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  • Goal for It: Make your First Investment

    If you've been eyeing an investment and want to make a go of it this year, follow these tips from our expert.
    by Evangeline S. Navarro . Published Jan 25, 2012
  • Goal # 2: Make your first investment

    To invest is to commit money or other forms of assets with the goal of generating income or increasing personal wealth. Simple as it sounds, it must be clearly understood at the onset, as this definition captures the spirit of what is required to become an investor.

    Committing money for investment implies that you set aside money clearly intended for profit to be generated in the future. Your investible fund, therefore, is something you will not need for your daily consumption or other lifestyle expenses - areas which are assumed to be supported now and in the near future by the household budget.  

    In addition, since the goal is to add to your personal income or wealth, investing requires planning and understanding its fundamentals: It is not gambling, where at best we keep our fingers crossed and pray that Lady Luck is on our side. Investing is really about reducing your risks to the level where your capital is preserved long enough to have the power of compounding work for you. By being able to continuously pile up income over your growing capital, you improve your overall wealth overtime.

    To start you out in investing:

    January: Know yourself.
    Although we would love to have a one-size-fits-all silver bullet that would guide us to sure riches, there is no such thing. Investments are of different types and consequently, each has its own nature and flavor. This means there are only certain investments that suit certain investors. Becoming aware of your appetite for risk, your age and stage in life, and your goals will give you a feel of what type of investments suit you. Skipping these considerations increases the risk of making a bad investment.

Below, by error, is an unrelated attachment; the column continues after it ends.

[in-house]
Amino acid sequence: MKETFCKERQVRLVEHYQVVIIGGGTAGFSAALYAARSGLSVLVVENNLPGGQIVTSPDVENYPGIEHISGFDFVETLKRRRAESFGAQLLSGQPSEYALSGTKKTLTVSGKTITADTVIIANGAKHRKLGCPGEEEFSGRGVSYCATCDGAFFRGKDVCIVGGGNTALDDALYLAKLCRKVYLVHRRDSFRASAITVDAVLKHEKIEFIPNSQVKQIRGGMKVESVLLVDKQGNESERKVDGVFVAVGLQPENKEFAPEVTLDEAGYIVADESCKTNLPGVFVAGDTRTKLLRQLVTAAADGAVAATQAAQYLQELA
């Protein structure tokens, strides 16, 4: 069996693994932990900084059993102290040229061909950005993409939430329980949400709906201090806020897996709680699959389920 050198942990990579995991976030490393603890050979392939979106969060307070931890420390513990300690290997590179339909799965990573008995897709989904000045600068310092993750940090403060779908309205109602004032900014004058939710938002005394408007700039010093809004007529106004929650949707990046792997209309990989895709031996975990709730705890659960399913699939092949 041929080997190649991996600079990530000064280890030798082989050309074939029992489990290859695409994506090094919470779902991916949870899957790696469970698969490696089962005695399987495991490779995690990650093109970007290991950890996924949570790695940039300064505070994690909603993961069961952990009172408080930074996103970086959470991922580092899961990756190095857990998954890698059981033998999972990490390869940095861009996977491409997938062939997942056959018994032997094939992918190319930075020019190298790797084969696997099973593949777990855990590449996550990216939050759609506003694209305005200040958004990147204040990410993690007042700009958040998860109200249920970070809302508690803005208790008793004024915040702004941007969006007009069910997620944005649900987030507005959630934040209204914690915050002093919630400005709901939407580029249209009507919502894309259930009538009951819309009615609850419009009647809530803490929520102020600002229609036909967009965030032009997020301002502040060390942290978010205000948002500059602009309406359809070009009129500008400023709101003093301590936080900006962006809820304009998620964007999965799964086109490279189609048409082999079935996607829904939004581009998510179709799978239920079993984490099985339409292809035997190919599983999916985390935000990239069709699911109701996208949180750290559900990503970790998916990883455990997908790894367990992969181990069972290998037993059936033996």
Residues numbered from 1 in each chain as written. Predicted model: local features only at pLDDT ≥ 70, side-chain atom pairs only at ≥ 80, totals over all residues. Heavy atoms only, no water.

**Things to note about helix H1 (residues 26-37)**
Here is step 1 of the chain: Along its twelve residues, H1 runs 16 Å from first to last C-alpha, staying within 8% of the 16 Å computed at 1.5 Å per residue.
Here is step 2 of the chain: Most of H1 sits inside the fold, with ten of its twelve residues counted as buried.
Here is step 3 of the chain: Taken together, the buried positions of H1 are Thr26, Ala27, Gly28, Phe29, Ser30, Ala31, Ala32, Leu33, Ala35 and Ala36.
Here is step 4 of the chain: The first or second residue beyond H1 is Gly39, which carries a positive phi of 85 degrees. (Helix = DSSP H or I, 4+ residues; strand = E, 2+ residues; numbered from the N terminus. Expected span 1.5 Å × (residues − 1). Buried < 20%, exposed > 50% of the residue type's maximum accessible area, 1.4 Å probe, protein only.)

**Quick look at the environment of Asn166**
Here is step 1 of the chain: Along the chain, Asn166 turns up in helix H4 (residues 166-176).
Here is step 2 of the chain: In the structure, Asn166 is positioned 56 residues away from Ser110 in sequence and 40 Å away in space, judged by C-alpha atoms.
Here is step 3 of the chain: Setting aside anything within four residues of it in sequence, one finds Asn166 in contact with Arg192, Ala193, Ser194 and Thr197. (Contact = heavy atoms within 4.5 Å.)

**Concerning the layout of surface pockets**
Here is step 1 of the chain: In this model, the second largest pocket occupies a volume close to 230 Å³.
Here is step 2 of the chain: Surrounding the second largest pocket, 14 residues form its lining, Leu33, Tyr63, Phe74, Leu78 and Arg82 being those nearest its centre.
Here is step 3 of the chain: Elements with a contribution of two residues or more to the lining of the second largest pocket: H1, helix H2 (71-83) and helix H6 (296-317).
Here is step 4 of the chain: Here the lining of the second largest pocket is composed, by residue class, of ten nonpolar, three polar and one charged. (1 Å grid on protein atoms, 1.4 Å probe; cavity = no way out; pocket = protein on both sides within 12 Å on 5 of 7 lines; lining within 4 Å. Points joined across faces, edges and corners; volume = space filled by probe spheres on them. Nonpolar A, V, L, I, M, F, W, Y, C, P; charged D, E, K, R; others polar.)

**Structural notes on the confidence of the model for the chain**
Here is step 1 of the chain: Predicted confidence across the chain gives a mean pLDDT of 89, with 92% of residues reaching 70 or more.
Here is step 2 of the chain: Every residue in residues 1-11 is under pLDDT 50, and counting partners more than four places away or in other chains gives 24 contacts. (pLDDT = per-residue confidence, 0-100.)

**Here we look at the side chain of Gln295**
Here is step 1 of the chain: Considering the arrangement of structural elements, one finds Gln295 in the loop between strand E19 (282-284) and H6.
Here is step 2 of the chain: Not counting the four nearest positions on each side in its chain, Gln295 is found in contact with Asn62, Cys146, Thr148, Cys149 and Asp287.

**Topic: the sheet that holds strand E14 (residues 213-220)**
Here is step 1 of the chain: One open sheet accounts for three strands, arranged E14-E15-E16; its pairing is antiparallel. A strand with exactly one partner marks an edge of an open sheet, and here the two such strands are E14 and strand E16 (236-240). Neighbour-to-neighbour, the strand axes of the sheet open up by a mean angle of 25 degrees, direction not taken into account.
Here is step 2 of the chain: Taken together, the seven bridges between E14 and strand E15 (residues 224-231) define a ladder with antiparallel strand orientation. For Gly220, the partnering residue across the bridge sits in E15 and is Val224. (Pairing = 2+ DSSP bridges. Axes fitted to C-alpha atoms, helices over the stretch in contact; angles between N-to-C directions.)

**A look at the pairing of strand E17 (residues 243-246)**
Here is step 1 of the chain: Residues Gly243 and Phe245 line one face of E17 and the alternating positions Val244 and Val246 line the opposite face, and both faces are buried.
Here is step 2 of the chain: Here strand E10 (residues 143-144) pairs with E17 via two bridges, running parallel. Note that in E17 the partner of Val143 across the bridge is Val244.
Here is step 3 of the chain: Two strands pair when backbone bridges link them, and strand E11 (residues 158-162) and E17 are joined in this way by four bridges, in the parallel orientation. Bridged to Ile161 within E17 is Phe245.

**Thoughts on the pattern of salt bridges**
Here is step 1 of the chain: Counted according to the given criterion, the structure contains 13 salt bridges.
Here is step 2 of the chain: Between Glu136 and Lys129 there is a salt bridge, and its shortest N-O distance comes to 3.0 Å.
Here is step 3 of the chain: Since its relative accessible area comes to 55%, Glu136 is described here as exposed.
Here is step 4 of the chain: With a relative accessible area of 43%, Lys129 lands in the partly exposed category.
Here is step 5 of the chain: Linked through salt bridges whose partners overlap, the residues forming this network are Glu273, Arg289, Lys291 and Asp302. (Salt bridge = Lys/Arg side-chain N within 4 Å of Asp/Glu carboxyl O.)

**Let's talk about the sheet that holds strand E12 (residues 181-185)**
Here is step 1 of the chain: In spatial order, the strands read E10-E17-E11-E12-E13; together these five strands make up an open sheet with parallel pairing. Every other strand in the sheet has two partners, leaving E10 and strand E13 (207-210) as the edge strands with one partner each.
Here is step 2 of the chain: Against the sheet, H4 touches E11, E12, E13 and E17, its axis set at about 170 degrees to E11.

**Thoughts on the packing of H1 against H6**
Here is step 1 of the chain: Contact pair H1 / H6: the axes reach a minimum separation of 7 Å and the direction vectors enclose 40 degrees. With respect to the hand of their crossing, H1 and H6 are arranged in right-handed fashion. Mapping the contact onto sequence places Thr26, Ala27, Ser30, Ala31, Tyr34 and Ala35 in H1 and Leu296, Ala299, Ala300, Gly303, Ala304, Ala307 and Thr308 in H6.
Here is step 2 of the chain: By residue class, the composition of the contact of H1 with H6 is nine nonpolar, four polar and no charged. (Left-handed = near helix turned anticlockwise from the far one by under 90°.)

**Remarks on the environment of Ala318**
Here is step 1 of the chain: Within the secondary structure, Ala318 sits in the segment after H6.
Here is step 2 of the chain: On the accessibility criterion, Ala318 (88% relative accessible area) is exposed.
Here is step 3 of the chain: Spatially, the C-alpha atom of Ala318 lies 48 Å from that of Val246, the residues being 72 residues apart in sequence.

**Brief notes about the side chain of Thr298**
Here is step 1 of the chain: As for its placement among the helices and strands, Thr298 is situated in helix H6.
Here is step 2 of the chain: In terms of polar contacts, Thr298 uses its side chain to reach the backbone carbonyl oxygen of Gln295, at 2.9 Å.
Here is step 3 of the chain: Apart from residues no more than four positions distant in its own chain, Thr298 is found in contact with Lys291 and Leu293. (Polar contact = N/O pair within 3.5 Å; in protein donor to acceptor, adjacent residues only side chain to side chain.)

March: Know the tradeoffs.
    When considering an investment, you should primarily look at the risks involved, its yield, and the ease of liquidating. When you choose one as a priority, the other two factors have to adjust.

    If you’re averse to risk and wish to preserve your capital as much as possible, you will have to accept a lower return. In addition, if you want immediate access and convertibility to cash, you may opt for a short-term retail bond, which can be immediately sourced and traded through your bank. But if you want capital preservation but with a relatively good return over time, you might choose rental property, which is pretty safe. This time, however, your capital will remain illiquid until you sell the property. The point is to accept that there are tradeoffs and to be at peace with your choice.


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